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The Genera Gyromitra and Verpa
The False Morels

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Gyromitra esculenta

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Gyromitra korfii

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Verpa bohemica
Wrinkled Thimble Cap
Courtesy Jean O. Fahey Copyright

Beware of mushrooms that do not have true pits or cavities and are smooth, brain-like and shiny. These spring mushrooms, often called "False Morels" or "Early Morels" are from either the genera Verpa or Gyromitra and though there are people who eat these mushrooms without incident, there have been fatalities from them as well. Clearly, consumption of any mushrooms from these genera can be a very dangerous practice.

In older texts Verpa bohemica and V. conica are listed as edible but new evidence is contradictory. Newer texts list Verpa bohemica (the Wrinkled Thimble Cap) as poisonous and best avoided. Symptoms include severe stomach cramps and a loss of muscle coordination.

The other so-called "Early Morels" of the genus Gyromitra, G. esculenta and G. infula contain the toxin Gyromitrin, AKA: monomethylhydrazine. Related species including G. gigas, G. korfii and the genera Verpa and Helvella may also contain traces of hydrazines. Believe it or not, monomethylhydrazine is a key component of rocket fuel. Eating mushrooms containing hydrazines raw has caused many documented fatalities (mostly in Europe.) Cooking and/or drying can remove the volatile Gyromitrin poison, hence people have eaten these mushrooms for years with no ill effects. BUT... cooking Gyromitra esculenta (pictured at left) can release enough toxin into the air that simply sampling the aroma of your saut pan can lead to severe poisoning or even death.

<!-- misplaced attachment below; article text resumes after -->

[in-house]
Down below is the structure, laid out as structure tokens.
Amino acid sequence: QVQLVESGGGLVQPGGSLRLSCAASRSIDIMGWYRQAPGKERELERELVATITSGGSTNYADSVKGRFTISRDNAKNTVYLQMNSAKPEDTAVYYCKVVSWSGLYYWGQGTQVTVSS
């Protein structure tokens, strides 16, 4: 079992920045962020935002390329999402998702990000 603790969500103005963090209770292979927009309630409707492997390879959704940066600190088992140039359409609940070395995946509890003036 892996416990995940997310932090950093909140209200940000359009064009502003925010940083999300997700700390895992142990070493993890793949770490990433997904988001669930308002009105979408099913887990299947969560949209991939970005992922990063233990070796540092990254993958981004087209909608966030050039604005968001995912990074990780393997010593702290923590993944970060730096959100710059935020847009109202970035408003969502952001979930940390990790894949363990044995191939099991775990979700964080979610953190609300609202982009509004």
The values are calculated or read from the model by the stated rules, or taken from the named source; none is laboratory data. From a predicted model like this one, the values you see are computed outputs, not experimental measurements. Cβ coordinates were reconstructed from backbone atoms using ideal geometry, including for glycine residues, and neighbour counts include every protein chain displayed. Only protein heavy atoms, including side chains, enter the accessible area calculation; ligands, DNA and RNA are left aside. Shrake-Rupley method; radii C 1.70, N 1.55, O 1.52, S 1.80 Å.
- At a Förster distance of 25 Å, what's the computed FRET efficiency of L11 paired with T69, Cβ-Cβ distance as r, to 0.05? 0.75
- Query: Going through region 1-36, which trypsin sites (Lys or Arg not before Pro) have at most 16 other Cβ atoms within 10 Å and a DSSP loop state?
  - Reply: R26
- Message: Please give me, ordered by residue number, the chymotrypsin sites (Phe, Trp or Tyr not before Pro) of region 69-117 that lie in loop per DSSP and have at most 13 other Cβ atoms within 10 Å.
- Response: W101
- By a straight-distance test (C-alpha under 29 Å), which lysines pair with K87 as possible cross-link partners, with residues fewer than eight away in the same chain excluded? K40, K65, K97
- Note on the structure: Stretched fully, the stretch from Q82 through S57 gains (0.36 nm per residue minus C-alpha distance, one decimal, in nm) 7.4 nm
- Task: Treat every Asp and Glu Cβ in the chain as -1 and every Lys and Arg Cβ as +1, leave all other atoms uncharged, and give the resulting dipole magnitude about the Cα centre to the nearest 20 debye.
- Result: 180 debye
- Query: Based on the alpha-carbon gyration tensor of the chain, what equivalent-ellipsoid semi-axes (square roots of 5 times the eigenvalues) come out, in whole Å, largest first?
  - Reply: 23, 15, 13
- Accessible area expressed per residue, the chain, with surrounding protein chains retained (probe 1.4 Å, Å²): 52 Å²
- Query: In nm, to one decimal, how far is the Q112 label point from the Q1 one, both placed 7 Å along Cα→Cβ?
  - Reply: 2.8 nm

Don't bother with any of them!
Cooking may not remove all of the toxin and this could result in liver damage over a period of years.
Get a good field guide and stick to the genus Morchella (the "real Morels"!) ...very safe, and very delicious.

Notes: Field Guide Recommendations - David Fischer's Edible Wild Mushrooms of North America is an excellent "field to kitchen guide," including recipes and storage techniques. Mushrooms Demystified - by David Arora provides identification keys, photos and descriptions of a wide variety of edible and non-edible mushroom species and The Audubon Society field guide to North American Mushrooms is "the old standard" of mushroom field guides.

Happy Hunting!
-Roy Reehil

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